Ideas & Debate

Locking up top bankers for fraud, manipulation

Iceland and Ireland have jailed lenders’ executives for various financial malpractices. file photo | nmg
Iceland and Ireland have jailed lenders’ executives for various financial malpractices. file photo | nmg 

In a hodgepodge of squat low slung single storey buildings, which were built more for function than for aesthetics, sit some of Iceland’s finest bankers.

According to a March 2016 Bloomberg article titled This Is Where Bad Bankers Go To Prison by Edward Robinson and Omar Valdimarsson, Kviabryggja Prison is a converted farmhouse nestled in between the frigid North Atlantic ocean on one side and fields of bare, unyielding lava rock on the other.

Sigurdur Einarsson who was the chairman of Kaupthing Bank, Iceland’s largest bank before the 2008 financial crisis, and Hreidar Mar Sigurdsson who was the bank’s former chief executive officer were convicted of market manipulation and fraud leading up to the collapse of the former top bank.

The same article highlights that they are kept in the good company of Magnus Gudmundsoon who was the former CEO of Kaupthing’s Luxembourg unit and Olafur Olafsson who was the second largest shareholder in the bank at the time of its demise.

The dream team is serving sentences up to five and a half years, which may be low in criminal conviction terms but huge in a global financial industry that saw not a single individual jailed in the United States or the United Kingdom for misdeeds arising out of the greed derived financial crisis.

Starting in 2010, the special prosecutor for the Iceland banking cases had successfully prosecuted 26 banking officials by March 2016.

Following deregulation in the early turn of the 21st Century, Iceland’s top three banks had accessed European money markets and borrowed €14billion in 2005 alone, which was double their intake in 2004 and paying 0.2 per cent over benchmark interest rates.

The banks lent the funds back out to Icelanders at high interest rates, raking in huge profits. Flush with easy credit, Icelandic households bought flats in London, took shopping trips to Paris and jammed Reykjavik’s streets with Range Rovers.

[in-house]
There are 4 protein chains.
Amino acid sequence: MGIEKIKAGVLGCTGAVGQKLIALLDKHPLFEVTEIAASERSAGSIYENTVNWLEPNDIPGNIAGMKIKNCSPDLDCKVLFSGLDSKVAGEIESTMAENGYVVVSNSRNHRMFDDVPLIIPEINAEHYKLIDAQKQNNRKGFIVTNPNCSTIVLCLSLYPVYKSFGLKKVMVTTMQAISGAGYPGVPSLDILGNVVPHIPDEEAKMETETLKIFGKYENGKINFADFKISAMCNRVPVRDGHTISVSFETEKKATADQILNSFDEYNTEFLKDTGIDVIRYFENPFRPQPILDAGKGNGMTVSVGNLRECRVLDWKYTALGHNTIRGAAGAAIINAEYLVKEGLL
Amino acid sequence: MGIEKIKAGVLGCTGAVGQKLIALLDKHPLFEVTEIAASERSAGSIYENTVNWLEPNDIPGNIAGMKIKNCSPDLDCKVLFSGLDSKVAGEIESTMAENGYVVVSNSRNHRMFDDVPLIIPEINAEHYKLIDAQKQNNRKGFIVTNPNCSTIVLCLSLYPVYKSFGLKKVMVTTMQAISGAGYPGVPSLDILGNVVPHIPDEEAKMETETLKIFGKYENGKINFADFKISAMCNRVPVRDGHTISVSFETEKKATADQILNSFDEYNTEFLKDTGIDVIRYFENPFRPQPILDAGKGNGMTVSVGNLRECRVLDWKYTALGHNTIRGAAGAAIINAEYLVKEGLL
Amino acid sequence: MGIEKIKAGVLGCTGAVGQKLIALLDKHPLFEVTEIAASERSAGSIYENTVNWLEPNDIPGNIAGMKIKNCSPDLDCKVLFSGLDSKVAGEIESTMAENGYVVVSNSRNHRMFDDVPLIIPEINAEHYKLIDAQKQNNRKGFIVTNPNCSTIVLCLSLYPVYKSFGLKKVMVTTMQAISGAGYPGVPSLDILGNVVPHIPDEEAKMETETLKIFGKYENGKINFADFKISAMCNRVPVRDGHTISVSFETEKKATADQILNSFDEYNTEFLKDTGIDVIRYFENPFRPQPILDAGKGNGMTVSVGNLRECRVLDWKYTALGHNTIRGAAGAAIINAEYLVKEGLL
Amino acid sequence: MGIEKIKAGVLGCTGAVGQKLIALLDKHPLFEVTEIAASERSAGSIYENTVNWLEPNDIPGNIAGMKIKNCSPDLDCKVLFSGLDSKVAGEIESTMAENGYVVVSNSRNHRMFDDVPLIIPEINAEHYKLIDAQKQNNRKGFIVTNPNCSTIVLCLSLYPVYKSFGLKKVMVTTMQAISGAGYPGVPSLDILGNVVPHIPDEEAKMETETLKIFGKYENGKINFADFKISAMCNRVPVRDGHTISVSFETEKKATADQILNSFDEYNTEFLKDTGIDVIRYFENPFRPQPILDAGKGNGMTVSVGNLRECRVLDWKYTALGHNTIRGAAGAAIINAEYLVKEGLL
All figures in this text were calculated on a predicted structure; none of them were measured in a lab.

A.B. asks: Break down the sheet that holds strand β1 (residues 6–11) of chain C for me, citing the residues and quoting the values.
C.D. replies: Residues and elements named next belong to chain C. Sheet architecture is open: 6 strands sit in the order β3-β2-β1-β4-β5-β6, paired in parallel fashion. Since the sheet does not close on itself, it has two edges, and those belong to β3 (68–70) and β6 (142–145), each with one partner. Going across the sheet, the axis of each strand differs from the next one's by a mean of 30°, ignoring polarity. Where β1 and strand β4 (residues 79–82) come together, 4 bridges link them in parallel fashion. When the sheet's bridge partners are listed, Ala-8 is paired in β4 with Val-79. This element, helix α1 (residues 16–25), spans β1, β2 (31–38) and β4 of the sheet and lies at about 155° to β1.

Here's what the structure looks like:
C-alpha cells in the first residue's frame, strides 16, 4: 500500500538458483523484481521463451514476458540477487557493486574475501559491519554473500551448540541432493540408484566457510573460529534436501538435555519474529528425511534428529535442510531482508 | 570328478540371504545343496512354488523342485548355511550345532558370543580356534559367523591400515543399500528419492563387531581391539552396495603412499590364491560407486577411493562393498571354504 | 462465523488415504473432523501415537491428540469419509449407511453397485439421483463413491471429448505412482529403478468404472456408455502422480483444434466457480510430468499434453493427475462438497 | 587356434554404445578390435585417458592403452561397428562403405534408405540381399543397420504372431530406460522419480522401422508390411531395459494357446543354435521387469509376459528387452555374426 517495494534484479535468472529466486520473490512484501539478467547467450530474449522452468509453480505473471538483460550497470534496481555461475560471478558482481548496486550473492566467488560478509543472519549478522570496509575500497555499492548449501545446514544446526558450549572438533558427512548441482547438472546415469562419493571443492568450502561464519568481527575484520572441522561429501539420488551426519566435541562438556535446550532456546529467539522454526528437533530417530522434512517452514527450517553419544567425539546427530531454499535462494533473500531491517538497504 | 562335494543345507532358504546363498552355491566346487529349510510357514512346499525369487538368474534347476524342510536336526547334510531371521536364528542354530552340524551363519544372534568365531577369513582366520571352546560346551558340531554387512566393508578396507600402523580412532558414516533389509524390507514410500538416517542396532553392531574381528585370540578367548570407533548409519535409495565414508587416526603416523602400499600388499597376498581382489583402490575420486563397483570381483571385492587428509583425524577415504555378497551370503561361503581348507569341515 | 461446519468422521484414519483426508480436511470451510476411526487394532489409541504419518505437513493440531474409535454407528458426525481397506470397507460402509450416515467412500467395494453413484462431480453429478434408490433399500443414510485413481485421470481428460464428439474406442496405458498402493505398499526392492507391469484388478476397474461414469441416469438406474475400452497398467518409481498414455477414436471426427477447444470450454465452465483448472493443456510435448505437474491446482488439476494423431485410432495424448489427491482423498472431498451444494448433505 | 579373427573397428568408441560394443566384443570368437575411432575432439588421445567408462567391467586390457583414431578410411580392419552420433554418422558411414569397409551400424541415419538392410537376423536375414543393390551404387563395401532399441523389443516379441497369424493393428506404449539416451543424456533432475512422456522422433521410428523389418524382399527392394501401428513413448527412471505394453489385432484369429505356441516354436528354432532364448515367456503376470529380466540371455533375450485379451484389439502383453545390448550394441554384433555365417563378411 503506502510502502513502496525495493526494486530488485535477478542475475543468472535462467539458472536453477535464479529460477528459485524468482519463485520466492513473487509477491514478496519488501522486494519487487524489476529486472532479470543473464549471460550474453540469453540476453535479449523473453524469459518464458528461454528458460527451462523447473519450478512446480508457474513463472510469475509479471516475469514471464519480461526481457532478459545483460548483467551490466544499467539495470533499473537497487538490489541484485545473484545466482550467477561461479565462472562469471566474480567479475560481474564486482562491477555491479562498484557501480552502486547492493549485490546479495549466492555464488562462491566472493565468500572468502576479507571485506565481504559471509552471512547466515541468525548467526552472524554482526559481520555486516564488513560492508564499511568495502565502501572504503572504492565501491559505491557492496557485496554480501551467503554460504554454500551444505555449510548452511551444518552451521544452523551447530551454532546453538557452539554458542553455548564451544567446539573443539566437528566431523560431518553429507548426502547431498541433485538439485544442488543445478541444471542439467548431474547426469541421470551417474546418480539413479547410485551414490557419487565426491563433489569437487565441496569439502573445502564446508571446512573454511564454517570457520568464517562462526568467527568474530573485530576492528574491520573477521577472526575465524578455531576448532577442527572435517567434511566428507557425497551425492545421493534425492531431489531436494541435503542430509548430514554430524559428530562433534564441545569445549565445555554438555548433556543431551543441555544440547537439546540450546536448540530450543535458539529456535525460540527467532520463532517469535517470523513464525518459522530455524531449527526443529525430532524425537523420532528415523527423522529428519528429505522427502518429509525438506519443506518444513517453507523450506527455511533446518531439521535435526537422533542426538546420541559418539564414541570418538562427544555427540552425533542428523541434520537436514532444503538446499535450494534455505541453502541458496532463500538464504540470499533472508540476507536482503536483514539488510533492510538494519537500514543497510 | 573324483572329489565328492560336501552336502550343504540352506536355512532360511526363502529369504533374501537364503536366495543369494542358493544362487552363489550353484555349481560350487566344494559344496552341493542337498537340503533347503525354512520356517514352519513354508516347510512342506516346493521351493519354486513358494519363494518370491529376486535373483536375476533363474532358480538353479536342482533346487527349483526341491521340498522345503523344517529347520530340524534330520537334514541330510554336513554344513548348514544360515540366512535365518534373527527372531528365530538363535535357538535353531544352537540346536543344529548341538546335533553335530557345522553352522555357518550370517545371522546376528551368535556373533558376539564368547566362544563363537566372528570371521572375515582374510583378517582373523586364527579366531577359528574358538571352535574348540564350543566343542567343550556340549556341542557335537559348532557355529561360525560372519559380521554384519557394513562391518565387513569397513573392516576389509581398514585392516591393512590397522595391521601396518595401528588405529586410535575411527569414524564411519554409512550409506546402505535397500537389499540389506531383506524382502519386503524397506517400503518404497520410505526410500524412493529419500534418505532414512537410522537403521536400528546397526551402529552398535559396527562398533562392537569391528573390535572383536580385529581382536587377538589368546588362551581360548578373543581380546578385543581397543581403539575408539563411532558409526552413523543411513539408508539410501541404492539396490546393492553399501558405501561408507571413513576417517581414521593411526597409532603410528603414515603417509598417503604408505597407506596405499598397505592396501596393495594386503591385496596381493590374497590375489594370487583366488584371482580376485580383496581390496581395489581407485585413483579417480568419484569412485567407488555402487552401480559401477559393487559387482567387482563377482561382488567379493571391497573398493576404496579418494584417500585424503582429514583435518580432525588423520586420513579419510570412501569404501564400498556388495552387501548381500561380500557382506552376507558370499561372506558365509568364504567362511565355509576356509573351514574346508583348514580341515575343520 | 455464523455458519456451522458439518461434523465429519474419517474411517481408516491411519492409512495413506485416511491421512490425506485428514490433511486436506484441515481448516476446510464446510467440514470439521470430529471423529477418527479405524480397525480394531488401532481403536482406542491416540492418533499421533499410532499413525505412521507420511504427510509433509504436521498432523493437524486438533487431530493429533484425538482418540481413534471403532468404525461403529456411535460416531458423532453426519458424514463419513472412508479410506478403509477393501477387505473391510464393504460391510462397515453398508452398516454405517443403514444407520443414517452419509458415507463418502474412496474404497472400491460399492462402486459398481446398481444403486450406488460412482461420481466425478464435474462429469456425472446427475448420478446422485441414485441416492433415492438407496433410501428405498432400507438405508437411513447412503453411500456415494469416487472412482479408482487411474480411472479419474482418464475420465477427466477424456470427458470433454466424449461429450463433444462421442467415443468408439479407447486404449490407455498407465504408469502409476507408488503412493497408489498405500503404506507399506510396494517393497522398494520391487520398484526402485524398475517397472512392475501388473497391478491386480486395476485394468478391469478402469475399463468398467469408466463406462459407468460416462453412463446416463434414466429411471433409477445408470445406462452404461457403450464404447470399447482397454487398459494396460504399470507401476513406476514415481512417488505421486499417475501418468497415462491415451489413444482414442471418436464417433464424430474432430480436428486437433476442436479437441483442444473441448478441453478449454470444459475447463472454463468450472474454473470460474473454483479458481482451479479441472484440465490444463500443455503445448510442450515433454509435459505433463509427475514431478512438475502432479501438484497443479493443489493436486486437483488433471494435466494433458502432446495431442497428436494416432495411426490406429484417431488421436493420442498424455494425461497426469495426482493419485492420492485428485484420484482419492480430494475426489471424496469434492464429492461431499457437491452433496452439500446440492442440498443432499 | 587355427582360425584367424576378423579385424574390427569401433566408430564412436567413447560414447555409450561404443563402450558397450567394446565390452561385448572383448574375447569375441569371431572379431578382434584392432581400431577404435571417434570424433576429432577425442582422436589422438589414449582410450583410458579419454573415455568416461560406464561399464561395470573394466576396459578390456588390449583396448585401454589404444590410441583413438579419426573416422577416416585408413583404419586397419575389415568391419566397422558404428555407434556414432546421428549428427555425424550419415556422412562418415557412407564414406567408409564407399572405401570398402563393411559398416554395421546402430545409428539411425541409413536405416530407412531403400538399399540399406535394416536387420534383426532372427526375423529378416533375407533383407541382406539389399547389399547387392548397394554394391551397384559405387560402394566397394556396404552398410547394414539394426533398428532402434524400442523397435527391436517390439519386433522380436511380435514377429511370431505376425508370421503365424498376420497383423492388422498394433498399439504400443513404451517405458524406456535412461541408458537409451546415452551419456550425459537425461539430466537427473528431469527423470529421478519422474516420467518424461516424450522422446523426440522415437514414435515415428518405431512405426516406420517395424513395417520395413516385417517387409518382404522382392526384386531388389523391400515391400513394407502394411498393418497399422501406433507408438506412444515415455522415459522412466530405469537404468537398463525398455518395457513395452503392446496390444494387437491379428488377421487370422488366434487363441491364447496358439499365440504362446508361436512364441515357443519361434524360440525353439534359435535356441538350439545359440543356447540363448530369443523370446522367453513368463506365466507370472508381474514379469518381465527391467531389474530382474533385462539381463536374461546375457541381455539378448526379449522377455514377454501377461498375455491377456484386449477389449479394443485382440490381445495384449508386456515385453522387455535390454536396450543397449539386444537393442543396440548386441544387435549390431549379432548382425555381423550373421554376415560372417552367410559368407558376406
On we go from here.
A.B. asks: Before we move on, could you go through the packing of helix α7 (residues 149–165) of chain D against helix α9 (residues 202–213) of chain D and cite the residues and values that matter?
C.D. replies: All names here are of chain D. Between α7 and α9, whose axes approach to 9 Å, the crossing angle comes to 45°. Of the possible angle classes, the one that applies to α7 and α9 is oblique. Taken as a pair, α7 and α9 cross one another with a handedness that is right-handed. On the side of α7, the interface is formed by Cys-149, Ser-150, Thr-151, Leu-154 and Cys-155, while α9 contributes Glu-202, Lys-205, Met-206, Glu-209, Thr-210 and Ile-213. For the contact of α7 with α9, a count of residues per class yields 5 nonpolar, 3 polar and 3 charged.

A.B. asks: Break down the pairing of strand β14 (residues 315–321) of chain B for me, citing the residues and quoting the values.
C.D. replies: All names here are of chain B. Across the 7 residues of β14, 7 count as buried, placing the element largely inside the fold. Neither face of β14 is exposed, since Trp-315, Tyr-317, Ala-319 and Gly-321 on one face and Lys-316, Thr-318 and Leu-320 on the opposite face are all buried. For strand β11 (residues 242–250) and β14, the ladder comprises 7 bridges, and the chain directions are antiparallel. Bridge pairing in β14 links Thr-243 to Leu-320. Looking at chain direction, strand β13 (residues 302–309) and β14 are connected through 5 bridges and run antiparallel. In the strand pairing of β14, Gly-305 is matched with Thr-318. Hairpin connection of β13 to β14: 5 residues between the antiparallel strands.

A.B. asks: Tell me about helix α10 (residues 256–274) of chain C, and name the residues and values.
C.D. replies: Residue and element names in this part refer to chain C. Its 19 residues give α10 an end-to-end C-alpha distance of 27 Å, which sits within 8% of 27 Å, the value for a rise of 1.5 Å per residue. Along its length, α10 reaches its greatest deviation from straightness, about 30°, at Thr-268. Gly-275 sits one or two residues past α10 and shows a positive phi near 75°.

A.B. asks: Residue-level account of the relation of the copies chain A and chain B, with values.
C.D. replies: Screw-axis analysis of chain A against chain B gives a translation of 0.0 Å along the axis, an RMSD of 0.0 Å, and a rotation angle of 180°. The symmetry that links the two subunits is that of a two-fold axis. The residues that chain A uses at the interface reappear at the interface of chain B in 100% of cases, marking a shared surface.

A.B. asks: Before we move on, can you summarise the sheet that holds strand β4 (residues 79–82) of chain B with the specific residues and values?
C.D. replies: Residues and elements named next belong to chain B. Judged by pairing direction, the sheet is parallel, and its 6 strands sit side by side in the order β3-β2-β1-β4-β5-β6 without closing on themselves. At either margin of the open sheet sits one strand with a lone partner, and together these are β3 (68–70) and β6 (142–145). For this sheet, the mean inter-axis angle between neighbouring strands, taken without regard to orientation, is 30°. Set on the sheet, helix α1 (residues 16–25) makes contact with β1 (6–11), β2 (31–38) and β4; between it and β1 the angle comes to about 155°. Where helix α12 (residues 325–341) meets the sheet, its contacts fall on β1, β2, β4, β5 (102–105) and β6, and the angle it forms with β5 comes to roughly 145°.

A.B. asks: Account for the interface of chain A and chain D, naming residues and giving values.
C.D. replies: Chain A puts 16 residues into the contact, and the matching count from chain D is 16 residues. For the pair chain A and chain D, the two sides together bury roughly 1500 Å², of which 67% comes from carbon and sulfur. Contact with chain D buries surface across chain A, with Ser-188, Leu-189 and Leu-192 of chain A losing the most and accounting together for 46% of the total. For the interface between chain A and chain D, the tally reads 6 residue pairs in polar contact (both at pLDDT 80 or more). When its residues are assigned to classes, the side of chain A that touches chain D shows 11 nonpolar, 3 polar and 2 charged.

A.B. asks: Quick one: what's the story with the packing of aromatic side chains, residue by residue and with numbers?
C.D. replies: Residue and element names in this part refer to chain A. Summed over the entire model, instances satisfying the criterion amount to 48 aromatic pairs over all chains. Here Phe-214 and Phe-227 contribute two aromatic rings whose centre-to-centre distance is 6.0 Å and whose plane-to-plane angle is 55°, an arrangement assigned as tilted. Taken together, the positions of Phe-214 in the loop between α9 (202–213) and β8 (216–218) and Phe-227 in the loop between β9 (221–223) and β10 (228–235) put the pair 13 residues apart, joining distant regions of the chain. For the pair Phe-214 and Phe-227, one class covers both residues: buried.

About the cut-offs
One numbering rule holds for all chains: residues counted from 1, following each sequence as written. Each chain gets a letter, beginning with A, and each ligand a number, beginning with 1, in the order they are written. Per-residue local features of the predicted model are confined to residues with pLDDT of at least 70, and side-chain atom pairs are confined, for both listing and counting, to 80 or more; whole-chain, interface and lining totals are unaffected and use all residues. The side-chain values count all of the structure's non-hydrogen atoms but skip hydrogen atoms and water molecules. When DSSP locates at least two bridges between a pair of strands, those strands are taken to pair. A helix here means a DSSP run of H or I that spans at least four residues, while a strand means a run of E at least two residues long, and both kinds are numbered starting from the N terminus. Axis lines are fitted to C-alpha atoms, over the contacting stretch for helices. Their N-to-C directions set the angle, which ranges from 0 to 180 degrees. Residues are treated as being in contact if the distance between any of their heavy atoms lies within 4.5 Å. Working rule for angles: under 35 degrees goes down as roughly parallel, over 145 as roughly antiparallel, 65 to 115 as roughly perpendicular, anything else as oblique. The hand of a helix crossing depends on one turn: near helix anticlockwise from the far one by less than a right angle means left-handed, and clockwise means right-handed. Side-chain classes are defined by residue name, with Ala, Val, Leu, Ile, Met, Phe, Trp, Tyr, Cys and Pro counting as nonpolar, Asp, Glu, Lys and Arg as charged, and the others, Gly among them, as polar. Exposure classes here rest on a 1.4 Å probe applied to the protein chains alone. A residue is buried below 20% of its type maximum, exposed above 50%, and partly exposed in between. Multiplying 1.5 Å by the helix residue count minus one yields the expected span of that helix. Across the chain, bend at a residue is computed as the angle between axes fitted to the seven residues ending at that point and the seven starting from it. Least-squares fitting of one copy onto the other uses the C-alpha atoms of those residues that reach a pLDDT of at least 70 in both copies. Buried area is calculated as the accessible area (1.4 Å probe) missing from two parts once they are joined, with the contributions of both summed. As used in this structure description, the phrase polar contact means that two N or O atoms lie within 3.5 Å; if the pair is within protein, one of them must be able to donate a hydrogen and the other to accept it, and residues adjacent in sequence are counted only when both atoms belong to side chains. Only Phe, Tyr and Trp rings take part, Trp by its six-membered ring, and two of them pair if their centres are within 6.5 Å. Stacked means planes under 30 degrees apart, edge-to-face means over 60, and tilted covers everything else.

By 2008 the banks’ assets had swollen to ten times the Icelandic $17.5 billion economy. Once the 2008 financial crisis hit, the Icelandic banks lost their short term funding and could no longer service their own debts.

The local currency’s value fell, making loans denominated in foreign currencies more expensive and leading to the top three banks defaulting on more than $85 billion in debt and households losing more than a fifth of their purchasing power, conclude Robinson and Valdirmasson.

Further south in the Atlantic Ocean, Ireland joined Iceland as the only other country to criminally convict bankers for their pre-financial crisis misdeeds.

According to a July 2016 article in the Irish Times by Ruadhan Mac Cormaic, three former bankers were jailed for terms ranging from 3.5 years to two years for their roles in a €7 billion fraud at the height of the financial crisis.

Willie McAteer and John Bowe from Anglo Irish Bank and Denis Casey the former CEO of Irish Life and Permanent (ILP) were involved in setting up a circular scheme where Anglo moved money to ILP and ILP sent the money back, via their assurance firm Irish Life Assurance, to Anglo.

The article describes further that the scheme was designed so that the deposits came from the assurance company and would be treated as customer deposits, which are considered a better measure of a bank’s strength than inter-bank loans.

The sham transactions were aimed at demonstrating that “Anglo Irish Bank had €7.2 billion more in corporate deposits than it had.”

Kenya stands head and shoulders with its Icelandic and Irish banking counterparts who have had executives accused of market manipulation and fraud. Some shareholders and executives of Imperial Bank and Chase Bank have been taken to court by the Kenya Deposit Insurance Corporation for corporate malfeasance.

However, these are civil suits aimed at recovering the money and levying monetary penalties rather than extracting criminal convictions for actions that have caused manifest pain and suffering to both depositors and genuine borrowers.

These cases may drag in court for years as history has shown us, rendering very little present value vindication to those suffering today. But for what it’s worth, it’s a good start and a large prick on the conscience of many Kenyan bank boards today.